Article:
Is it legal for my private employer to discriminate against me because of my religion?

No, unless your employer is a religious organization.

Title VII of the Civil Rights Act of 1964 prohibits companies from discriminating against existing and potential employees on the basis of religion, among other things.1 This protection goes beyond discrimination in hiring and firing employees, extending to discrimination in advancement decisions, work assignments, and pay on the basis of the employee’s religion are all prohibited under Title VII.2 An employer also runs afoul of Title VII if it either fosters or knowingly permits a work environment which is hostile toward employees as a result of their religious beliefs.3 A hostile work environment is a workplace in which discriminatory intimidation, ridicule, and insult are pervasive.4

It is important to note, however, that some employers are exempt from Title VII’s anti-discrimination requirements. The law expressly exempts religious employers, defined to include any “religious corporation, association, educational institution, or society,” from the provisions prohibiting religious discrimination.5 While a religious employer is still bound to abide by Title VII with regard to an employee’s race, color, sex, and national origin, it can show a preference for employees and applicants that share the organization’s religious beliefs.

If you believe your employer has discriminated against you on the basis of your religion, contact the Equal Employment Opportunity Commission immediately in order to protect your rights.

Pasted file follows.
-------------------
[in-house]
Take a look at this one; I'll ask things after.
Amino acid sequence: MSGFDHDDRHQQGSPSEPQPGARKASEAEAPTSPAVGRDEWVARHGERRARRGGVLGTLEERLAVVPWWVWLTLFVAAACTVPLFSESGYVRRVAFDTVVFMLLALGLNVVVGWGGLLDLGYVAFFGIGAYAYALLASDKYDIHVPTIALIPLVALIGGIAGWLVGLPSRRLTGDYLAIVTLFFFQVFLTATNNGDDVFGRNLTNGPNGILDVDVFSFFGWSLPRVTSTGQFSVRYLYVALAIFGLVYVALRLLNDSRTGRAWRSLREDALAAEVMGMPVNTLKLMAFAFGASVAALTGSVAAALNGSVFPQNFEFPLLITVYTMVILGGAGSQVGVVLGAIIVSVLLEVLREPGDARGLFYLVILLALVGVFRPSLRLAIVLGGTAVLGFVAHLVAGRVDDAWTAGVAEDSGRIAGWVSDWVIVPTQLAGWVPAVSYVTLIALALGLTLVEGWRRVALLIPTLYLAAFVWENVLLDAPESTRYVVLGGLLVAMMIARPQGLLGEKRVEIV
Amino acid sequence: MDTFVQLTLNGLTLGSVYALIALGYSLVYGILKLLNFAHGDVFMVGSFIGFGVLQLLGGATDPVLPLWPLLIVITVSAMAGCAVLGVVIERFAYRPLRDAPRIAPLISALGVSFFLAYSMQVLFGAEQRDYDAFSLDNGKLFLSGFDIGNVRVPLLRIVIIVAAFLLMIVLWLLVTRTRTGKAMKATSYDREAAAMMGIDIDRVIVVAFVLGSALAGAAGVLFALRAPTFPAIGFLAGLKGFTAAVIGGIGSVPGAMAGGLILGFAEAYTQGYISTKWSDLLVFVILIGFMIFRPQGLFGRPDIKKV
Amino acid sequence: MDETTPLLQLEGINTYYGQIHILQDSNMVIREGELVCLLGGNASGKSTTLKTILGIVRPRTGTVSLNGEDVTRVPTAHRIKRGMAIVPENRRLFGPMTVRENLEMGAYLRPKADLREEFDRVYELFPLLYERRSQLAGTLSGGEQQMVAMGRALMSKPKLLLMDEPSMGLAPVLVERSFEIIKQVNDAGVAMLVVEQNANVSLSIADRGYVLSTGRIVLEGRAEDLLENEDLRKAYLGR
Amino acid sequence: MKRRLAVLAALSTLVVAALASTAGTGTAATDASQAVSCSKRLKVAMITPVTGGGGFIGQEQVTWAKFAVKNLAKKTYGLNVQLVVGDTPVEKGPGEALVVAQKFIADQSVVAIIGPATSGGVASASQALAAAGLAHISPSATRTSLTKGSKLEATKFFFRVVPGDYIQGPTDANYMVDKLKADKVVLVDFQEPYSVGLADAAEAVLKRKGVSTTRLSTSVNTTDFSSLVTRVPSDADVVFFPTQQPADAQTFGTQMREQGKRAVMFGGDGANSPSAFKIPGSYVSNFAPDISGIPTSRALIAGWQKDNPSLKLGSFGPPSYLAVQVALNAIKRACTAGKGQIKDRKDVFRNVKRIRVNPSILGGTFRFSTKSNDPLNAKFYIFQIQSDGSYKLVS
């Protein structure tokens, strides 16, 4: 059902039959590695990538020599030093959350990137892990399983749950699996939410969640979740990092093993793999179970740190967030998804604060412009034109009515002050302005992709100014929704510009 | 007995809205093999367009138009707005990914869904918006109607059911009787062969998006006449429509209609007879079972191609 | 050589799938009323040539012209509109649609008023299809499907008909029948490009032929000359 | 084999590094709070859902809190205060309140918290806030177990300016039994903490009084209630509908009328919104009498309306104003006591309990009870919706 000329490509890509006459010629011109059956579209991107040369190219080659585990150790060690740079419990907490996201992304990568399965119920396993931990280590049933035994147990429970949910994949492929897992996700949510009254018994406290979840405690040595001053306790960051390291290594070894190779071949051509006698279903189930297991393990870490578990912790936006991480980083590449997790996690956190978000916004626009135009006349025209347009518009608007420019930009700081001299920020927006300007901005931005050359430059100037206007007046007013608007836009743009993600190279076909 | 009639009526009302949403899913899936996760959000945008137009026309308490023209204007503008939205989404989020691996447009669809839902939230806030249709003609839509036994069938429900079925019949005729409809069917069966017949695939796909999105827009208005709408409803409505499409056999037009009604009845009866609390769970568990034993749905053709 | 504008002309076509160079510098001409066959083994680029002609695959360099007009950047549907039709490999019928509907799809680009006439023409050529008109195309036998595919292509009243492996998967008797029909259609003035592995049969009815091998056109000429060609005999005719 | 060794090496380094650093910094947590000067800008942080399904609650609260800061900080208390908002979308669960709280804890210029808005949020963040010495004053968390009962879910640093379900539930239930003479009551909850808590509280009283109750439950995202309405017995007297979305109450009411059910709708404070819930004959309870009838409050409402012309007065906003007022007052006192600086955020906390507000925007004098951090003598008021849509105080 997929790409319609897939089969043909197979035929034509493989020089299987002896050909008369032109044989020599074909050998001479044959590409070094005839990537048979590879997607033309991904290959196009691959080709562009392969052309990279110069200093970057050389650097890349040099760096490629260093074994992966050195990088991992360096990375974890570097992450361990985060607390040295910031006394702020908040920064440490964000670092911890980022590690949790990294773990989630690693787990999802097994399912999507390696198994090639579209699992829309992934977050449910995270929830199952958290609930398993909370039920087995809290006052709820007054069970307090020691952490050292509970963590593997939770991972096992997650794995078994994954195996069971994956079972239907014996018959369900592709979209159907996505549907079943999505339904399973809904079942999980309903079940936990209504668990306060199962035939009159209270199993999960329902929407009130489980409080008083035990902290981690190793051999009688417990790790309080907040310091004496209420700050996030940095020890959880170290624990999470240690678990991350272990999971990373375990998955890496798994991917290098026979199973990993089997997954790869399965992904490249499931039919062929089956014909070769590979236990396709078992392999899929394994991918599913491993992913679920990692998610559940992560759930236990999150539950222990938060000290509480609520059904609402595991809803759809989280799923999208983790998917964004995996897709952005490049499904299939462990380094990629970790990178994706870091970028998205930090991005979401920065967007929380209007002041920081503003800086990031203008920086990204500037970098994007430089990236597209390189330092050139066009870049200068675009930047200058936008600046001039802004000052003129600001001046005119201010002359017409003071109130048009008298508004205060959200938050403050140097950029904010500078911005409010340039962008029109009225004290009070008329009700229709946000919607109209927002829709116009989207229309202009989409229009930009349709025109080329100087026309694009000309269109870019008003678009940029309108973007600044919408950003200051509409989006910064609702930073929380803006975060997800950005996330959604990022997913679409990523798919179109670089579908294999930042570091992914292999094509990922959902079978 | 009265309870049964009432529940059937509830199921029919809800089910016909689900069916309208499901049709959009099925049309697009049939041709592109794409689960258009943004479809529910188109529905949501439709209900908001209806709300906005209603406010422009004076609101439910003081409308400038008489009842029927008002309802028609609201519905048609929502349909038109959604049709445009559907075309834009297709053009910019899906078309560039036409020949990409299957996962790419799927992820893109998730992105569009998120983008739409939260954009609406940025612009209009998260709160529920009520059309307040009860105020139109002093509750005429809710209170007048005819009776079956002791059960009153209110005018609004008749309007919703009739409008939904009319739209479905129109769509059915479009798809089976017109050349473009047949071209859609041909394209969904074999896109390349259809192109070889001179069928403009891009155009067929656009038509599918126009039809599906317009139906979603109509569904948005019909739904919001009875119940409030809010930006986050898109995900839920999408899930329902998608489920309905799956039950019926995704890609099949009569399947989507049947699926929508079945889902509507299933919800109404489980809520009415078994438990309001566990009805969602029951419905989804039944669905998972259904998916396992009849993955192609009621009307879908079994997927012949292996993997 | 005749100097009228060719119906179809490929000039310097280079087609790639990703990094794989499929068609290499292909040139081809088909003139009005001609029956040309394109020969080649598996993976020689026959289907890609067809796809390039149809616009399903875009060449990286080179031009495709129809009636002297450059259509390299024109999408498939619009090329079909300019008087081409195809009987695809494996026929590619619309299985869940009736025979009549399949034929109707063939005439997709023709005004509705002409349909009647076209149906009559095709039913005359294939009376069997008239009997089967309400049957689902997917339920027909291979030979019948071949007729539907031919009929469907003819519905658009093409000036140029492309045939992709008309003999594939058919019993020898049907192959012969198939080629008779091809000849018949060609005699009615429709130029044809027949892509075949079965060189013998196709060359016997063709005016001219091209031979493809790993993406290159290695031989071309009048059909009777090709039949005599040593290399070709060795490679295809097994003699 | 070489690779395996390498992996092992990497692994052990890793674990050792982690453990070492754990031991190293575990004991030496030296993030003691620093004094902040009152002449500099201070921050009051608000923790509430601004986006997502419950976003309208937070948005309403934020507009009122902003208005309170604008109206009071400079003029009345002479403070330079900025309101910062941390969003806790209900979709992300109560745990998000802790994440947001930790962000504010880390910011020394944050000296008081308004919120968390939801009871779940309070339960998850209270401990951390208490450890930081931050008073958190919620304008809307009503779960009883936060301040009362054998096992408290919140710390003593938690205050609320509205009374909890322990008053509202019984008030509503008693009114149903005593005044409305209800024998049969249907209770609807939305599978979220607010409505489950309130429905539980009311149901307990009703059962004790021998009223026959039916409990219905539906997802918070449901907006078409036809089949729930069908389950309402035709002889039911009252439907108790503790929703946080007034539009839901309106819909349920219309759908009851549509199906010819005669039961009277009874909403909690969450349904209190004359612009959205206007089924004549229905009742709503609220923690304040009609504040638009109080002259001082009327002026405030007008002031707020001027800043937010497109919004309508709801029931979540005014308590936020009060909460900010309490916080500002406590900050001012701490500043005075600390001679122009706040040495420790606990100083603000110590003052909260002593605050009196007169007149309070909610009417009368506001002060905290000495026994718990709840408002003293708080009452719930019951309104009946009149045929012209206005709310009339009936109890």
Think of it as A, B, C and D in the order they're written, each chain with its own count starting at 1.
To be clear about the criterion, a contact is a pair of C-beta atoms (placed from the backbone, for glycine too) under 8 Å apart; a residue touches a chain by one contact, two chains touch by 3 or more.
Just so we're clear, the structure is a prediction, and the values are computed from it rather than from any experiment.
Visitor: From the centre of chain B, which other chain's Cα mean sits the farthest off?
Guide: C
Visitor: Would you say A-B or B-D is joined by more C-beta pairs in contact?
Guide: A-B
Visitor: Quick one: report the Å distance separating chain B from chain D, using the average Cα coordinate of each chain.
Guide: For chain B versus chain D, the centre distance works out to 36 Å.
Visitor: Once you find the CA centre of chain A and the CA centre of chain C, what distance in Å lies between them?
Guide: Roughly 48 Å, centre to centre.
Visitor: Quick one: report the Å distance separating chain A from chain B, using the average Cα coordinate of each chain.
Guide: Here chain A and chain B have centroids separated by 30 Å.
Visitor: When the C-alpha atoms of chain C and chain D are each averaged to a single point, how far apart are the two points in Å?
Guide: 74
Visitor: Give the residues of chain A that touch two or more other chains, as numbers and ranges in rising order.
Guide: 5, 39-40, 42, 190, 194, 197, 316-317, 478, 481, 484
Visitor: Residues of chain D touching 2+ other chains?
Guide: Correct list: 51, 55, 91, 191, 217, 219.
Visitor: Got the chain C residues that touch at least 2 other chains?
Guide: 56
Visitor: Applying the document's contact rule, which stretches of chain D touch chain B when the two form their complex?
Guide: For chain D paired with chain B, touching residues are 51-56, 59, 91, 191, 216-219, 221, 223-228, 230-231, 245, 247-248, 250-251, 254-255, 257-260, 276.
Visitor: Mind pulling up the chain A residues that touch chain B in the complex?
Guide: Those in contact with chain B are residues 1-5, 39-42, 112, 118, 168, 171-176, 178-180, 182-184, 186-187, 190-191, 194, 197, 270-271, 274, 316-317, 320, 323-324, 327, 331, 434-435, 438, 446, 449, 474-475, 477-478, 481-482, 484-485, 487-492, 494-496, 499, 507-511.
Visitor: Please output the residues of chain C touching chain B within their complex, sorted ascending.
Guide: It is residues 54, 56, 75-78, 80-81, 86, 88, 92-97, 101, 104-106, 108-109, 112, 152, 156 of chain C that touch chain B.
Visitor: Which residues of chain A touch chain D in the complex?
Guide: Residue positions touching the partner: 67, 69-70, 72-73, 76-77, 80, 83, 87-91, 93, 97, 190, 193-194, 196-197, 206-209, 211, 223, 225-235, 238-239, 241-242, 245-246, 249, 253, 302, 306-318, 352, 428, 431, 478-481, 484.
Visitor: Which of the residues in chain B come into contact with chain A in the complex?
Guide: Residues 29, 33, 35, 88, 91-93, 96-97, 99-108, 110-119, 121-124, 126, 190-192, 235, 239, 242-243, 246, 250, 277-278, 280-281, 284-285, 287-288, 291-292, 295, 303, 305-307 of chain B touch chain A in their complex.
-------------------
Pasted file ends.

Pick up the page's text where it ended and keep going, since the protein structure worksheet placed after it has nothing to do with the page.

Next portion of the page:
1. 42 U.S.C. § 2000e-2(a).
2. 42 U.S.C. § 2000e-2(a); see also Ansonia Bd. of Educ. v. Philbrook, 479 U.S. 60 (1986).
3. Meritor Sav. Bank, FSB v. Vinson, 477 U.S. 57, 65 (1986).
4. Meritor Sav. Bank, FSB v. Vinson, 477 U.S. 57, 65 (1986).
5. 42 U.S.C. § 2000e-1(a).

Is it legal for a business to discriminate against me as a customer because I’m an atheist?


Title II of the Civil Rights Act of 1964 prohibits any place of “public accommodation” from discriminating on the basis of religion, race, color, or national origin.1 This includes businesses and organizations which hold themselves open to all members of the community.2 Religious discrimination by businesses can take many forms, such as church bulletin discounts, in which customers who present a bulletin from a local church are given reduced prices or other benefits3 or restaurants giving discounts to diners who pray before their meal.4 Even public universities have been known to offer such promotions without considering the legal implications.5 Such promotions are illegal under federal law and may also be prohibited by anti-discrimination laws in your city and state.

However, Title II of the Civil Rights Act of 1964 only applies to places of “public accommodation.”6 Private organizations, such as the Boy Scouts of America and other clubs that operate independently of a particular location or facility, are permitted to place conditions on membership which would otherwise violate Title II because they do not constitute “accommodations.”7 In addition, such clubs have the right under the First Amendment’s freedom of association to determine who to accept into their organizations.8

If a business has discriminated against you on the basis of religion, please report the incident to the American Atheists Legal Center.

1. 42 U.S.C. § 2000a(a).
2. 42 U.S.C. § 2000a(b).
3. Hemant Mehta, Arkansas Restaurant Owner Defends Church Bulletin Discount by Saying Atheists Can Just Download One Online, Friendly Atheist (Aug. 23, 2014),
4. Hemant Mehta, This North Carolina Diner Gives a 15% Discount to Customers Who Pray Before a Meal, Friendly Atheist (Aug. 1, 2014),
5. Hemant Mehta, Mizzou Offers Free Tickets for a Volleyball Game, but Christians Also Get a Special Discount… Somehow, Friendly Atheist (Sept. 26, 2014),
6. 42 U.S.C. § 2000a(b).
7. Welsh v. Boy Scouts of Am., 993 F.2d 1267, 1276 (7th Cir. 1993); Ford v. Schering-Plough Corp., 145 F.3d 601, 613 (3d Cir. 1998).
8. Roberts v. United States Jaycees, 468 U.S. 609, 623 (1984); Welsh v. Boy Scouts of Am., 993 F.2d 1267, 1277 (7th Cir. 1993).

Is it legal for my government employer to subject me to proselytization or religious requirements?